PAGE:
The word "love" has become so overused that, to a large extent, it has lost a clear sense of meaning. Love can be defined as feelings and behaviors that enhance the emotional well-being of oneself and a loved one. Loving operations can be characterized as affection, generosity, tenderness, and a desire for close companionship in life. Genuine love also requires respecting the autonomy of one another and valuing each other’s goals in life separate from our own personal needs and interests. Empathy and compassion are based on the ability to see the other person in their own terms, that is, seeing how we would feel if their experience were our own. Loving someone in our thoughts and feelings is a necessary but insufficient component in creating a loving relationship. Love must also be expressed through loving behavior to optimally affect our partner, family member, or friend.
Abstract Reasoning and Creativity
Human beings have the unique capacity for abstract thought. The creation of language, the development of complex mathematical systems, and the evolution of culture began with the ability to think abstractly, in symbols. However, many of us lose touch with our capacity to function creatively and intellectually, and end up living in a shallow, concrete, or rigid fashion. Erich Fromm reminds us of the vitality of creativity, “Conditions for creativity are to be puzzled; to concentrate; to accept conflict and tension; to be born everyday; to feel a sense of self.” A fundamental aspect of a better life is using our mental capacities to the fullest.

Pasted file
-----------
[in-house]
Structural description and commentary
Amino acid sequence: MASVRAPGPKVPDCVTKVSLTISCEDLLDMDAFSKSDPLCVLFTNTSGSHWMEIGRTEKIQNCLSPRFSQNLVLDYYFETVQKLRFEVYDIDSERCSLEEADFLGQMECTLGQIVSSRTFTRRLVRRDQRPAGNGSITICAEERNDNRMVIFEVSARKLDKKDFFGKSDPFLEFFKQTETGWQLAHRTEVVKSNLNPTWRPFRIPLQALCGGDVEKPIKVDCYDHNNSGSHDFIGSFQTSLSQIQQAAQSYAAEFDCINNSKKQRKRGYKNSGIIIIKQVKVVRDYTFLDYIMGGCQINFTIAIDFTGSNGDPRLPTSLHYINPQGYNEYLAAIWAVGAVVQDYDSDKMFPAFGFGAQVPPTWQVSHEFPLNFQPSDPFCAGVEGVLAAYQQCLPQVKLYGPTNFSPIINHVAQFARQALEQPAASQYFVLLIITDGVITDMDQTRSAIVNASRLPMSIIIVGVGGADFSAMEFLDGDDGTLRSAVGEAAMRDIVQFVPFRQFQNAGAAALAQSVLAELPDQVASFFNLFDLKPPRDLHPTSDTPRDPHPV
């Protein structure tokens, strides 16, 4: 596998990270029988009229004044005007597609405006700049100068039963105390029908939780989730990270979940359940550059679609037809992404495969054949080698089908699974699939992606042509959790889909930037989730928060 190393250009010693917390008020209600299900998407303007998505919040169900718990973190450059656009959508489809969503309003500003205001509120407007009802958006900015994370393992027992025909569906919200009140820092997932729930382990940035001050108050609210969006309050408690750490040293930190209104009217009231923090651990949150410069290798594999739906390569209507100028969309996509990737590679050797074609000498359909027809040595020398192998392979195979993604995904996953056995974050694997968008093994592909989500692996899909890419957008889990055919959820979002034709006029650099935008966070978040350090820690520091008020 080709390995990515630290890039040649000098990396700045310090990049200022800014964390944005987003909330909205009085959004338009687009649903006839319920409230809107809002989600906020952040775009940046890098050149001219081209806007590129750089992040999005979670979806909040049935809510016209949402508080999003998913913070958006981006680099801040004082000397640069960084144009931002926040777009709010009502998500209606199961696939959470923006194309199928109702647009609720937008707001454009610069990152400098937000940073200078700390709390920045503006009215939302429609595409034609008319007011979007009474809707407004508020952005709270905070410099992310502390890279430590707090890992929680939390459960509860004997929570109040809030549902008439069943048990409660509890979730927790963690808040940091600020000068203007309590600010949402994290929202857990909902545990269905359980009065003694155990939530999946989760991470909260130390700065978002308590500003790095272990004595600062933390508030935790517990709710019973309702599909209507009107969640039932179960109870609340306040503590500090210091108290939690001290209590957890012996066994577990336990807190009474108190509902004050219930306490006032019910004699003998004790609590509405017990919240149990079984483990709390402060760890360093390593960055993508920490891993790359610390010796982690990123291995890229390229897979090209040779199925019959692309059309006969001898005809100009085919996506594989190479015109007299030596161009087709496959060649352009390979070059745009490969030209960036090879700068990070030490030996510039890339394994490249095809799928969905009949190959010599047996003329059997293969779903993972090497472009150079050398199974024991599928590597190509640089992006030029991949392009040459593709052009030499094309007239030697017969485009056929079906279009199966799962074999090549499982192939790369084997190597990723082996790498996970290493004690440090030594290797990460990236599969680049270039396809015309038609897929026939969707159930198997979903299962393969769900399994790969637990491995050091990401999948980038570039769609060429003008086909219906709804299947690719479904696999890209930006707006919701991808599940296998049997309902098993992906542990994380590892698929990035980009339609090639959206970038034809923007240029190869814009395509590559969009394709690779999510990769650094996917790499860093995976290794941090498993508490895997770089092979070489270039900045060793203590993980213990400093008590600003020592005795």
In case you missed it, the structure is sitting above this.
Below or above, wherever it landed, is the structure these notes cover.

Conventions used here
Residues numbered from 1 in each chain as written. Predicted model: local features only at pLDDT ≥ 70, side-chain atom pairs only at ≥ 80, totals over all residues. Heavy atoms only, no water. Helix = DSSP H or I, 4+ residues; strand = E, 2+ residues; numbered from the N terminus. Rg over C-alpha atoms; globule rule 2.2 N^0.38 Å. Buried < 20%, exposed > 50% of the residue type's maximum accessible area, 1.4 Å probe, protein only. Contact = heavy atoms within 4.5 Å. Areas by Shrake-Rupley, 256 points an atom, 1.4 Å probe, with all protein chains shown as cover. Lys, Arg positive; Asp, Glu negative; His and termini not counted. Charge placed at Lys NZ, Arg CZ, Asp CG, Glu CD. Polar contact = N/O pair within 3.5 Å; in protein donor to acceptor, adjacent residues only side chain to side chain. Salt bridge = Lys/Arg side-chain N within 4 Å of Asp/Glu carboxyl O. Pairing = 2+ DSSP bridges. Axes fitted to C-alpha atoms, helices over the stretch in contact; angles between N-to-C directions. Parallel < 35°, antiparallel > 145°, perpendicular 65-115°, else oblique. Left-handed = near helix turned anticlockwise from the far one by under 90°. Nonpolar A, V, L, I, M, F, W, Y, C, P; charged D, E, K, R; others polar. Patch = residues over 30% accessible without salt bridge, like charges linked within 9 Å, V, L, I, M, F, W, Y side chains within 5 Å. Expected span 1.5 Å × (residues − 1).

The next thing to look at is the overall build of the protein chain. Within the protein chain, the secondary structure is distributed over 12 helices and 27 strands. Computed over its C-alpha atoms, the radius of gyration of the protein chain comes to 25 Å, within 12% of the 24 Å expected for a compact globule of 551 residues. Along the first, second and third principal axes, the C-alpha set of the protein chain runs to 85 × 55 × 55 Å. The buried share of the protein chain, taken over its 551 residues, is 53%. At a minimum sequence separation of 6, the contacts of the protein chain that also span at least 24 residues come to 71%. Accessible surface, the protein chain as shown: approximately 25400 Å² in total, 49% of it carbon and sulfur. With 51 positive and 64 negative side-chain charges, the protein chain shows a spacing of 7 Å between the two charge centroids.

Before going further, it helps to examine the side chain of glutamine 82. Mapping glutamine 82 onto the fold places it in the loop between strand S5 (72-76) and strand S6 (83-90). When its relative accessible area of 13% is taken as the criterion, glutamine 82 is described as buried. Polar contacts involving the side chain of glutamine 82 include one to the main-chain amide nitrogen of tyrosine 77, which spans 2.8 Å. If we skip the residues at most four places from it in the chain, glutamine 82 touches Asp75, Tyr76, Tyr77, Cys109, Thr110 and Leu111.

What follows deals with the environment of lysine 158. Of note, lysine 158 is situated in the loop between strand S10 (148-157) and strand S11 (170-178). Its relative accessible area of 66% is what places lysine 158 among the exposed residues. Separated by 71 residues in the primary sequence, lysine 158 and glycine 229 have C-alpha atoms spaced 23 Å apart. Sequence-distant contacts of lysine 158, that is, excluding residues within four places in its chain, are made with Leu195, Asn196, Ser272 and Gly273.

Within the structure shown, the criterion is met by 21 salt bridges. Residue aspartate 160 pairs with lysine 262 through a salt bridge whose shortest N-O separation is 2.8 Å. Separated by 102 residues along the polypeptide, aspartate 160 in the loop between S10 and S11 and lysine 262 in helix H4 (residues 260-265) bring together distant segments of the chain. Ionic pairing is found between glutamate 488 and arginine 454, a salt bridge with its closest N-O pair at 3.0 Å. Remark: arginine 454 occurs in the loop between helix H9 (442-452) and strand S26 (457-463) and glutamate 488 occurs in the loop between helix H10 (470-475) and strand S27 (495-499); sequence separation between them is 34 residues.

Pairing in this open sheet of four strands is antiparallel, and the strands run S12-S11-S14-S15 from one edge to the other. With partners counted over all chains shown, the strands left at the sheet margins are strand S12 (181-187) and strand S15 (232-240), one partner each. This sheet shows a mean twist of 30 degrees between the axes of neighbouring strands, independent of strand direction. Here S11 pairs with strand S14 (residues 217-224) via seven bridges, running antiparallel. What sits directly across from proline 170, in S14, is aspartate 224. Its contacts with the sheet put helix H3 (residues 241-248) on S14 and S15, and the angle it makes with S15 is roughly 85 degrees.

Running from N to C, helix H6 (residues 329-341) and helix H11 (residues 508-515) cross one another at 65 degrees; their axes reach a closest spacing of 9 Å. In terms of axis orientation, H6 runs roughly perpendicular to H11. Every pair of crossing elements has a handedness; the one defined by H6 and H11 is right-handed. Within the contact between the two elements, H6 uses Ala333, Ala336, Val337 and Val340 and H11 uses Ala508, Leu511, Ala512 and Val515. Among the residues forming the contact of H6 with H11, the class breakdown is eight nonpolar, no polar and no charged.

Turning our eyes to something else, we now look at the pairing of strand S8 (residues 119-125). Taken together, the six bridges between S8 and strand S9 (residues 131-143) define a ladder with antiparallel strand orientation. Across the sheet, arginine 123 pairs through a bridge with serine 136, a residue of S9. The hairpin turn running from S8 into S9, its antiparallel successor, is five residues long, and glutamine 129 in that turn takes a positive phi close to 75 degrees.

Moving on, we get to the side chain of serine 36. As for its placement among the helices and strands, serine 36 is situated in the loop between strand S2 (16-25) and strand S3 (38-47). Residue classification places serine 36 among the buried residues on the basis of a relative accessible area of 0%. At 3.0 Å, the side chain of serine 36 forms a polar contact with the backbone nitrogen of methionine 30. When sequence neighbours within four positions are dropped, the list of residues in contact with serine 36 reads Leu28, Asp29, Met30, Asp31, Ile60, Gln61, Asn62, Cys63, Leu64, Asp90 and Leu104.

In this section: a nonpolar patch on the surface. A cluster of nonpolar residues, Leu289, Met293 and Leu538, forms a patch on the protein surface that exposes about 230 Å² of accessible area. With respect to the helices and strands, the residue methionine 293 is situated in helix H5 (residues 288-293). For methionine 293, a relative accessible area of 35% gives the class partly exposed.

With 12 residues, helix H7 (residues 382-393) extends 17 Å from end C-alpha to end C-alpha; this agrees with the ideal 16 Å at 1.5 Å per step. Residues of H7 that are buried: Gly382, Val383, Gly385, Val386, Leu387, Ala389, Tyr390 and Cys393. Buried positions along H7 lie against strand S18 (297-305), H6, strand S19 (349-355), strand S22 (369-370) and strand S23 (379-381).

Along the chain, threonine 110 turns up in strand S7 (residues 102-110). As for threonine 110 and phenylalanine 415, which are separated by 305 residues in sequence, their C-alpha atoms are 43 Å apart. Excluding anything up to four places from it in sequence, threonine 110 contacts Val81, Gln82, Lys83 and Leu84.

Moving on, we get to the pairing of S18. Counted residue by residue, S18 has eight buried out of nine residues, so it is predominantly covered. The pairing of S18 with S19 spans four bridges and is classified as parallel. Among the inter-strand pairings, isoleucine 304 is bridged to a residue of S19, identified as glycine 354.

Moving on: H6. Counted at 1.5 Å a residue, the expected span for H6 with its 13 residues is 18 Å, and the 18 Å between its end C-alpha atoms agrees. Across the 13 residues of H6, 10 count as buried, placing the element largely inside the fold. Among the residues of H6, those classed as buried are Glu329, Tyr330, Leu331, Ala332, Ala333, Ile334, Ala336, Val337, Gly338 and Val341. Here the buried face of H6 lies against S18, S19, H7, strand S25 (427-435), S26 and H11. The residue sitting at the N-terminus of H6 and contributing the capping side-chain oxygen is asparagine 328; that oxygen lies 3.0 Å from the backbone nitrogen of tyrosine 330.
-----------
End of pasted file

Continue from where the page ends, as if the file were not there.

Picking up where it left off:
Throughout history, people have used their miraculous brains for both good and evil, to enhance life and destroy it. However, we can choose to use our intelligence in a moral manner by combining it with feelings of empathy and compassion. While many believe that the capacity for thought is a human being's most distinguishing feature, it is actually the interaction between thoughts and feelings that separates us from other animals.
Experiencing Deep Emotion
Human progress can best be measured not by material success but by our long and slow progress in learning to accept, understand and appropriately express our feelings. Only by leading a feelingful existence can we come to relate to each other in a rational, peaceful, lawful manner. In contrast, when we are cut off from our feeling selves, we are the most destructive to ourselves and others. In his upcoming revision of The Fantasy Bond, Robert writes, “It is the nature of emotional trauma that if it is suppressed instead of experienced, it does not dissipate or disappear, but retains a bodily component. Pain that is not fully experienced at the time continues to exert its damaging effect on the person and finds symbolic expression through patterns of self-limiting, self-destructive, or aggressive acting-out behavior.” However, humans have an astonishing ability to feel deeply, to reflect upon their feelings, and to use both thought and feeling to create a full, alive, and meaningful life.